This is significant if we compare this with how many other Israelite kings passed away. Many died in battle, or as is the case with King Asa, due to a painful foot disease. Considering Jehoshaphat lived for a long time, according to the standards of his day, this meant that God really wanted him to rule for a long period of time. Because this king had God's interests at heart, for the most part, his reign was prosperous.

Where Is the Valley of Jehoshaphat?

When we hear the name of Jehoshaphat some of us may be thinking of the Valley of Jehoshaphat mentioned in Joel 3:2 and Joel 3:12. We’ll quote each of the verses below.

Joel 3:2: “I will gather all nations and bring them down to the Valley of Jehoshaphat. There I will put them on trial for what they did to my inheritance, my people Israel, because they scattered my people among the nations and divided up my land.”

Joel 3:12 “Let the nations be roused; let them advance into the Valley of Jehoshaphat, for there I will sit to judge all the nations on every side.”

It appears to be a judgment ground for any nation who came up against God’s people, in a plot of land situated between Jerusalem and the Mount of Olives or Kidron Valley. Theologians have squabbled over this issue for centuries, and since the passage in Joel is prophetic in nature, we can’t definitely say we know what it means. But the Valley of Jehoshaphat does seem to be a judgment stomping ground for the enemies of God’s people. This makes sense given Jehoshaphat’s very name has judgment in the definition.

Lessons to Be Learned from Jehoshaphat

We can learn a great deal from this Old Testament king who we sadly do not learn enough about in Sunday school classes or in sermons.

First of all, the king shows us that we all can make mistakes of judgment. Scripture tells us to exercise discernment, especially with those in whom we place our trust. Jehoshaphat made a bad alliance with King Ahab, one of the most wicked kings in Israel’s history. Although Jehoshaphat didn’t die from the friendship, he made a massive mistake by trusting the wrong person.

Secondly, Jehoshaphat teaches us the importance of breaking the familial cycle of mistakes. Although Asa didn’t worship the idols placed throughout Judah, he didn’t do a whole lot to tear them down. Jehoshaphat starts the process by getting rid of Asherah poles.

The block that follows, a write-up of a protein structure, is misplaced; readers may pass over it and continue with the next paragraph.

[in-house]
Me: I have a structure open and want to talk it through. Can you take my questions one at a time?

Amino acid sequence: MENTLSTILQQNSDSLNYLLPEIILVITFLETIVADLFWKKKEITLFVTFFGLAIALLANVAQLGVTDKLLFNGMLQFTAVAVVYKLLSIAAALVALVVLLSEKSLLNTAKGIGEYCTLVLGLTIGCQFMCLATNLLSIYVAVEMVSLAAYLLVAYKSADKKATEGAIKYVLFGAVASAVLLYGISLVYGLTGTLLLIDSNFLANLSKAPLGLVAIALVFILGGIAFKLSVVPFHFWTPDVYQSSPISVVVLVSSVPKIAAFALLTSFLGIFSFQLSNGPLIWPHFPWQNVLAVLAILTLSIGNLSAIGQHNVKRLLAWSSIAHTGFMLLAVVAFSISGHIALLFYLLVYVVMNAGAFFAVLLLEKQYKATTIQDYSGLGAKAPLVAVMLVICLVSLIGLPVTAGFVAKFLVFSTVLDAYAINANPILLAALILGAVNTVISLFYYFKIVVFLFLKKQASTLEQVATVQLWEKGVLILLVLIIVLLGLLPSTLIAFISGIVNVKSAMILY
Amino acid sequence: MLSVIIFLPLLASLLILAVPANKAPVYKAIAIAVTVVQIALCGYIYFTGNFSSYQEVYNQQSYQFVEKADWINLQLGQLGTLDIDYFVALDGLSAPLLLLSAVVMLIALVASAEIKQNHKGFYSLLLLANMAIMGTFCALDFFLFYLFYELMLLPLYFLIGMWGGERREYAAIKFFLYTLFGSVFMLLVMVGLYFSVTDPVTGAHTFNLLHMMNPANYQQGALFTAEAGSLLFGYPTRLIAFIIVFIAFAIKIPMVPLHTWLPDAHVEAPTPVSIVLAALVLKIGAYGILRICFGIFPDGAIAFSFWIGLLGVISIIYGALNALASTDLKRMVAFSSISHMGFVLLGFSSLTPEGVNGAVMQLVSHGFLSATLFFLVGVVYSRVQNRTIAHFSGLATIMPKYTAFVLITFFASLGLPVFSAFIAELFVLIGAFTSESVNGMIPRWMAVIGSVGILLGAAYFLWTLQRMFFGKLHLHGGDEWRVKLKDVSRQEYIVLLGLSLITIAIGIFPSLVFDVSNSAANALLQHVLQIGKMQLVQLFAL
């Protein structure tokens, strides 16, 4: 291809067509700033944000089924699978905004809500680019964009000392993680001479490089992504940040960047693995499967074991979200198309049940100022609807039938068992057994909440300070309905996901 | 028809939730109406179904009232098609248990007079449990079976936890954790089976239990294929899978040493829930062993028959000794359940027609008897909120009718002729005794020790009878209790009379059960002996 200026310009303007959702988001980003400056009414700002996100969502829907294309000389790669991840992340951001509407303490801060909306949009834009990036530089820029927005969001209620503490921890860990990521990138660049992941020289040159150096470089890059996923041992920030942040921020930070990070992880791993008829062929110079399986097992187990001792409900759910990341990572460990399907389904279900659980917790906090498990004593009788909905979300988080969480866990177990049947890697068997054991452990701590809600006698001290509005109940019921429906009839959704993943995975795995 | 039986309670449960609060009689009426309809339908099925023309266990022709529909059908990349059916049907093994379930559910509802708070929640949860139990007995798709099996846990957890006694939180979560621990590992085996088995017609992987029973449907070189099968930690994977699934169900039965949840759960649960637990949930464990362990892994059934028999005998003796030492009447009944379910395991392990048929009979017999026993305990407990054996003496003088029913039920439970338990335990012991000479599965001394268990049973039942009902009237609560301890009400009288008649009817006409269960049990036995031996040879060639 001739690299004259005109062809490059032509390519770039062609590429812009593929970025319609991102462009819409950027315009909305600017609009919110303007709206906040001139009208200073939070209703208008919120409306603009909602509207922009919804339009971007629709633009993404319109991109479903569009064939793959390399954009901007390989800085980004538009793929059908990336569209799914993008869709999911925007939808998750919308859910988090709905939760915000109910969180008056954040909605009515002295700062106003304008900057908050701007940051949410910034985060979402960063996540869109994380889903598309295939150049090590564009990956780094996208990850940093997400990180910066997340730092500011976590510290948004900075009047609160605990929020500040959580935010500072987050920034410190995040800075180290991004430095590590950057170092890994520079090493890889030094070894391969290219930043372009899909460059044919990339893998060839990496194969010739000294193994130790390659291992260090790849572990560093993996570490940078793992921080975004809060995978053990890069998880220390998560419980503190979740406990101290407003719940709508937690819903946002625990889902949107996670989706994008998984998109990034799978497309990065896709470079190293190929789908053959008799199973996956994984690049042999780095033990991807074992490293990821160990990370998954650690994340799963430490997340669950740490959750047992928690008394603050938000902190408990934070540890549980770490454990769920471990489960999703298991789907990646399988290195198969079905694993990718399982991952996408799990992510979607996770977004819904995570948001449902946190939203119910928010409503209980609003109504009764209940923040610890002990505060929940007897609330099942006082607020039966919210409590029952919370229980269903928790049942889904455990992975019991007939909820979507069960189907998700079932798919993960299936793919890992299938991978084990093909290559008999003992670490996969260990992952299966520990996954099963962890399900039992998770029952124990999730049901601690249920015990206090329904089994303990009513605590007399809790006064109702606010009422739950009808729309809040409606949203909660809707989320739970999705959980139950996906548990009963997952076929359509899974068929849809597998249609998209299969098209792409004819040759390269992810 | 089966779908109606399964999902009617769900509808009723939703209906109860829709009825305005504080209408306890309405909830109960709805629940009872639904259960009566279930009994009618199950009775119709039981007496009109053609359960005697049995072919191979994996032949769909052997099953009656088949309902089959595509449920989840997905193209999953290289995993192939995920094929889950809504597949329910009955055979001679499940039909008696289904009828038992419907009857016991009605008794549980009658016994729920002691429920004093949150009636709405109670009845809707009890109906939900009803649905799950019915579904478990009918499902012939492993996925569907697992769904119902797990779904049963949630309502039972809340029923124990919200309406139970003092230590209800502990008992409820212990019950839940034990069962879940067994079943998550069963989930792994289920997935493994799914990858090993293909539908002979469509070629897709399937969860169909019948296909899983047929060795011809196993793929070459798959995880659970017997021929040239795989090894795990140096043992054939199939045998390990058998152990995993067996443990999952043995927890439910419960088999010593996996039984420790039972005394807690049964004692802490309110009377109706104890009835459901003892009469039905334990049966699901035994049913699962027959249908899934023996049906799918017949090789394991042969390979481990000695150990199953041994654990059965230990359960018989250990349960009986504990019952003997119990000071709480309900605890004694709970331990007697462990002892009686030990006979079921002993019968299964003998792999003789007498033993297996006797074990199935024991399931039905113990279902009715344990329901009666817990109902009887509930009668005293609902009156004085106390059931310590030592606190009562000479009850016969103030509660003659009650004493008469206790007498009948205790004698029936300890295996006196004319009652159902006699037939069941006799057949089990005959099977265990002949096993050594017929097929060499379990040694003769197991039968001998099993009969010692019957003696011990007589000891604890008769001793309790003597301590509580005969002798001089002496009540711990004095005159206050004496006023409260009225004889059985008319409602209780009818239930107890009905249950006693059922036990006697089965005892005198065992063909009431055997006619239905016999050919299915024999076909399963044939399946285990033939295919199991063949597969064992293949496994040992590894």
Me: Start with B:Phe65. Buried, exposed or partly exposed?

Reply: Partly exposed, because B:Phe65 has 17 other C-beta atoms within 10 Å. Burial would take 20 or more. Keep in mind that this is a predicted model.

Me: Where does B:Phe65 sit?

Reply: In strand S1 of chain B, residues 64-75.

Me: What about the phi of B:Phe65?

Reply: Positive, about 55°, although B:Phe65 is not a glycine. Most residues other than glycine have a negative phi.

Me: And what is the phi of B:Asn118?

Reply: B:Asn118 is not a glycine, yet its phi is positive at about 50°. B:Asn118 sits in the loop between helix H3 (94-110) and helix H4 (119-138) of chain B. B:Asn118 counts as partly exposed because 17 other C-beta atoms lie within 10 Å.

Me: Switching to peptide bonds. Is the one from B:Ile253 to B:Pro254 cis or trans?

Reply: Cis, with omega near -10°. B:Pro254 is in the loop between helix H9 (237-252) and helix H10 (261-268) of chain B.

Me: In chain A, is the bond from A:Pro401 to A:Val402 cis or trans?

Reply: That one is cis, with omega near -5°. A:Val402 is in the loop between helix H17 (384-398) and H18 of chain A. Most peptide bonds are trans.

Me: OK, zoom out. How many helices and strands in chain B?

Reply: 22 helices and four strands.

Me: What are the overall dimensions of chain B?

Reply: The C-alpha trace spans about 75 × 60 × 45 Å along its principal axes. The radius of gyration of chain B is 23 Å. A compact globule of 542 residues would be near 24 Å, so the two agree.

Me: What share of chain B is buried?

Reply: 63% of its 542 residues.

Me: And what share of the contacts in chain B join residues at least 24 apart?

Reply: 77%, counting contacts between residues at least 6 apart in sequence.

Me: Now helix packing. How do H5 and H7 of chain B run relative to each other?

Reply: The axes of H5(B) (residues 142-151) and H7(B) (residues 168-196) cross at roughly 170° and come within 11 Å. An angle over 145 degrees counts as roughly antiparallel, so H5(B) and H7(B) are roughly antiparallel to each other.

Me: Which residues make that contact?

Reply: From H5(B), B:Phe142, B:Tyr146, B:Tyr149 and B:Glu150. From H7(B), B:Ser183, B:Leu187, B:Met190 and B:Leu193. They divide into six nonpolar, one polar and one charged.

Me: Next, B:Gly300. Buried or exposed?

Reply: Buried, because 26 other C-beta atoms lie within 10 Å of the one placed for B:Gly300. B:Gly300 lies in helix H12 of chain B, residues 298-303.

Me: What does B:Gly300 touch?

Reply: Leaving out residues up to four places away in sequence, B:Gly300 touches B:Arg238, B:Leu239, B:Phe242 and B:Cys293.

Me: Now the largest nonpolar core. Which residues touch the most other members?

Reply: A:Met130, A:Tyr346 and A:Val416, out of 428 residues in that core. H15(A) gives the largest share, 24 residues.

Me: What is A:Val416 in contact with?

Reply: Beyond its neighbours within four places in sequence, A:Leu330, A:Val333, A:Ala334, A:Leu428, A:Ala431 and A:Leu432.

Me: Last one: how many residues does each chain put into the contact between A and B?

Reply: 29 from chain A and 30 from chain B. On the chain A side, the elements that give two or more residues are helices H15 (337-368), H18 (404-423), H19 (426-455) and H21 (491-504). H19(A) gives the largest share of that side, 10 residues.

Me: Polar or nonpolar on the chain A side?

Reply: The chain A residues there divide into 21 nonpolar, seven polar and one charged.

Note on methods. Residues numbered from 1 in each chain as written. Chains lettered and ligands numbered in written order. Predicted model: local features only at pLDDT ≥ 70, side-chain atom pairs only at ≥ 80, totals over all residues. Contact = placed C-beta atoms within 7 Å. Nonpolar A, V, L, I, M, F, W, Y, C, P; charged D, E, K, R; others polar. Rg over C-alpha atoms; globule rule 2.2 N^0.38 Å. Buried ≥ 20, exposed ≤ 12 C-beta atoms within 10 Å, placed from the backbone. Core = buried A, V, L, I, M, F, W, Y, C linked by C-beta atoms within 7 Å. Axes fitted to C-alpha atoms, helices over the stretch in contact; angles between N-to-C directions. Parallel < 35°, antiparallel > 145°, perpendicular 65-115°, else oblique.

Finally, Jehoshaphat shows us that God can start new parts of his plan for our lives at any time. Jehoshaphat’s life was half over by the time he took the throne, but that didn’t stop God from moving in his life. He accomplishes a great deal in the last 25 years of his life, ushering Israel into a time of prosperity and military fortitude.

Jehoshaphat may have needed a lesson on how to make smart political alliances. After all, the dangerous one he made almost got him killed. But we also know that only some good kings came from the Kingdom of Judah, Jehoshaphat being one of them. We may not name our children after this king, but we can certainly look to his example and his trust in God during his reign.

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headshot of author Hope BolingerHope Bolinger is an editor at Salem, a multi-published novelist, and a graduate of Taylor University's professional writing program. More than 1,100 of her works have been featured in various publications ranging from Writer's Digest to Keys for Kids. She has worked for various publishing companies, magazines, newspapers, and literary agencies and has edited the work of authors such as Jerry B. Jenkins and Michelle Medlock Adams. Her modern-day Daniel trilogy is out with IlluminateYA. She is also the co-author of the Dear Hero duology, which was published by INtense Publications. And her inspirational adult romance Picture Imperfect releases in November of 2021. Find out more about her at her website.


This article is part of our People from the Bible Series featuring the most well-known historical names and figures from Scripture. We have compiled these articles to help you study those whom God chose to set before us as examples in His Word. May their lives and walks with God strengthen your faith and encourage your soul.